Jeannie Fulbright Yeah, I've often been asked that question: How I created all my science curriculum throughout the years that my children were growing up? And it really, really did boil down to having an extremely supportive husband who made-- He came home from work and he made dinner, and he did the laundry, and he came home from work for lunch and would do the laundry, and he would-- He was just a huge help! And especially during the summers when I would-- Just actually, during the summer, I wrote most of my books. Most of the bulk of the writing would happen during the summer when I would take the kids to the pool and just sit there and write. And, you know, it was-- They were a little bit older, so I didn't have to keep my eye on them every minute. But yeah, that was a...those were really-- You know, honestly, if I think about it, when people really ask me that, it's just all God. If God desires-- If this is God's will for you, if this is something God wants you to do, He will ensure that it happens. Because I could look at those books, and I don't know how I wrote that.

Jenn Discher Exactly! Yes.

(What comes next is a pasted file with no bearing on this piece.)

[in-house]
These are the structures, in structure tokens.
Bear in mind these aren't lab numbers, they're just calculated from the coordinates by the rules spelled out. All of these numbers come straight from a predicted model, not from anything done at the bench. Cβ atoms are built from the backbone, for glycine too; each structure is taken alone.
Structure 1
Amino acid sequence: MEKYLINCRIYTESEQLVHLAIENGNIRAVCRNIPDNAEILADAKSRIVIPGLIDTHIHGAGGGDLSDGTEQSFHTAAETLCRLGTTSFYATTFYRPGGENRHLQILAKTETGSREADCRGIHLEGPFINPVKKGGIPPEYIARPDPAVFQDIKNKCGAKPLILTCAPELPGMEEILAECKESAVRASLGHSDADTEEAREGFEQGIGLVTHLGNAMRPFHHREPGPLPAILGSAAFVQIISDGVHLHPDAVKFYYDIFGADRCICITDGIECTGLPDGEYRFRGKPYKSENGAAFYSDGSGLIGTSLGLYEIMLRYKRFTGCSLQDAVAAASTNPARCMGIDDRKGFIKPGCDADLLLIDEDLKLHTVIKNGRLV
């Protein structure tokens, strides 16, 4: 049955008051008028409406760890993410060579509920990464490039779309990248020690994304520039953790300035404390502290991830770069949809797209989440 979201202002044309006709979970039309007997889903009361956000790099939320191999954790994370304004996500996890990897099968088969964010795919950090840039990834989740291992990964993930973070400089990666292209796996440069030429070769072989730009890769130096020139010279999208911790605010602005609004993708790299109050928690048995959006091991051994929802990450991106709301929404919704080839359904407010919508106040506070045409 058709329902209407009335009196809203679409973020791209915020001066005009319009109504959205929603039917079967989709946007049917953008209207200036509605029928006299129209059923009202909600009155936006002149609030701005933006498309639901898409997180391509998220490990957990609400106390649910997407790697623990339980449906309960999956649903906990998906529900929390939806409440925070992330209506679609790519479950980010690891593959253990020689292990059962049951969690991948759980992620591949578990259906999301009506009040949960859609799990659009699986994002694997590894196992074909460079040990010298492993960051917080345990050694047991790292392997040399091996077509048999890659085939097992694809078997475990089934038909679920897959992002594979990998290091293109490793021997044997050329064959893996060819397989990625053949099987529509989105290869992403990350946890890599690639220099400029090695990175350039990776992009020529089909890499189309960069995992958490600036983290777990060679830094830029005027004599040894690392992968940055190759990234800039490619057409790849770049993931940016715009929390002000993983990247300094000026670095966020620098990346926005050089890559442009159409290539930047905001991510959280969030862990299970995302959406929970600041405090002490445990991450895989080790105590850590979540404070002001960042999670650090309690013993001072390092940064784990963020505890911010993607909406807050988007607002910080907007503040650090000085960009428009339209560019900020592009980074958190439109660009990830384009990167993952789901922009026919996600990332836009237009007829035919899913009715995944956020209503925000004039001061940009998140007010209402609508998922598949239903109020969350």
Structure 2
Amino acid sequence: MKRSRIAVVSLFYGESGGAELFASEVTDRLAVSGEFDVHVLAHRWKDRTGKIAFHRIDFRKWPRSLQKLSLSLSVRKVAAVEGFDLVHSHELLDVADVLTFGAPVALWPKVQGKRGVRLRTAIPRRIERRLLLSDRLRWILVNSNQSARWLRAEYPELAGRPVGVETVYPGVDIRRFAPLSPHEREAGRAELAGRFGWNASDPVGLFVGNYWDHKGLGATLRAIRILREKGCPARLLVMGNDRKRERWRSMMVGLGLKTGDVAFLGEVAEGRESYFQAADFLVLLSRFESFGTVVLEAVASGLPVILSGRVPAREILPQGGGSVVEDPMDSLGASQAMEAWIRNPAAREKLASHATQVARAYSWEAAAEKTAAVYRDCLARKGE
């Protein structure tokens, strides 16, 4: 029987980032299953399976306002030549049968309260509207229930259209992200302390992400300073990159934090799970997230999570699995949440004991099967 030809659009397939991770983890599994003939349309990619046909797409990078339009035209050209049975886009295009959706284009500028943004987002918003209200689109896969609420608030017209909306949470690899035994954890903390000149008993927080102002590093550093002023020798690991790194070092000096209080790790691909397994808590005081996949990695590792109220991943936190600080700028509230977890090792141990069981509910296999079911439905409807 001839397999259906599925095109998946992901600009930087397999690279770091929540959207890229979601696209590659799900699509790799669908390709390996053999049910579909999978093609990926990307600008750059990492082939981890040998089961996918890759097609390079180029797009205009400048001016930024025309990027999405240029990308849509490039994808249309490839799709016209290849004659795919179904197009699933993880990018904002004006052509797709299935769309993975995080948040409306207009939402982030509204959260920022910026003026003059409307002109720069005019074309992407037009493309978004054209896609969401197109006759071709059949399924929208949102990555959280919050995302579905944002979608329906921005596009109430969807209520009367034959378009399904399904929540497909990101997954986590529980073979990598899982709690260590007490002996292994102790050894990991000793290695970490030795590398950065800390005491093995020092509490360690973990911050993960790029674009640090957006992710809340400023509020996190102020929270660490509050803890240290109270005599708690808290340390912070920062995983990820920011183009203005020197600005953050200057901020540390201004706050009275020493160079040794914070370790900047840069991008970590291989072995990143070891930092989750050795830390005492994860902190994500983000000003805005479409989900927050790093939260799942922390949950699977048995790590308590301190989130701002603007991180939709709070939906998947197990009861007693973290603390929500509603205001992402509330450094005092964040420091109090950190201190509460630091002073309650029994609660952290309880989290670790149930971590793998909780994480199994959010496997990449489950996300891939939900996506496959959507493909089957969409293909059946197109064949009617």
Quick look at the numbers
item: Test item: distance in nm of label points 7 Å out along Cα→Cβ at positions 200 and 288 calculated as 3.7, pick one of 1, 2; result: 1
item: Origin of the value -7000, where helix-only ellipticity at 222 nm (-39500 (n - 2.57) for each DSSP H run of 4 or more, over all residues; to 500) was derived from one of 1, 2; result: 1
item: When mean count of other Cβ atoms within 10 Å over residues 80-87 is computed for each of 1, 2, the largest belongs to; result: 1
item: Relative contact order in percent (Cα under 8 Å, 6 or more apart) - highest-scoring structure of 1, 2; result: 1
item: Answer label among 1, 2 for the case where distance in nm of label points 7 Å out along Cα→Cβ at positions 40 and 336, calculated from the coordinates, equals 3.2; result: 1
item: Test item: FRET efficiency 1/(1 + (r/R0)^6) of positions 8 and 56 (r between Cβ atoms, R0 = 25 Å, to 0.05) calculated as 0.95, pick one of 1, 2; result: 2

Jeannie Fulbright You know, while I was homeschooling, it was all God. So for those of you who are thinking about writing, and wanting to write-- Because I think everybody has a book in them, whether it's fiction or nonfiction. And if you're thinking about, you know, doing it, just know that the Lord will provide the time and the ability to do it no matter what's going on in your life. So that's kind of the exciting thing, is just to let God...let God have His way with us. So, Jenn, what are some of your favorite read-alouds?

Jenn Discher Oh! Well, I kind of assume Tolkien and Lewis. So besides The Lord of the Rings and Narnia, we love E. Nesbit. We really enjoy The Treasure Seekers and The Railway Children. Love Jonathan Rodger's Wilderking Trilogy. And then, I feel like every year we read The Best Christmas Pageant Ever, around the holidays, because it's just hilarious. We love it.

Jeannie Fulbright That's so sweet. That is awesome. So is there anything else you want to tell your audience...our audience? And we're going to have all your links for your social media, and how to find your books that the Lord is inspiring you to write. But is there anything else you want to share with everybody before we close?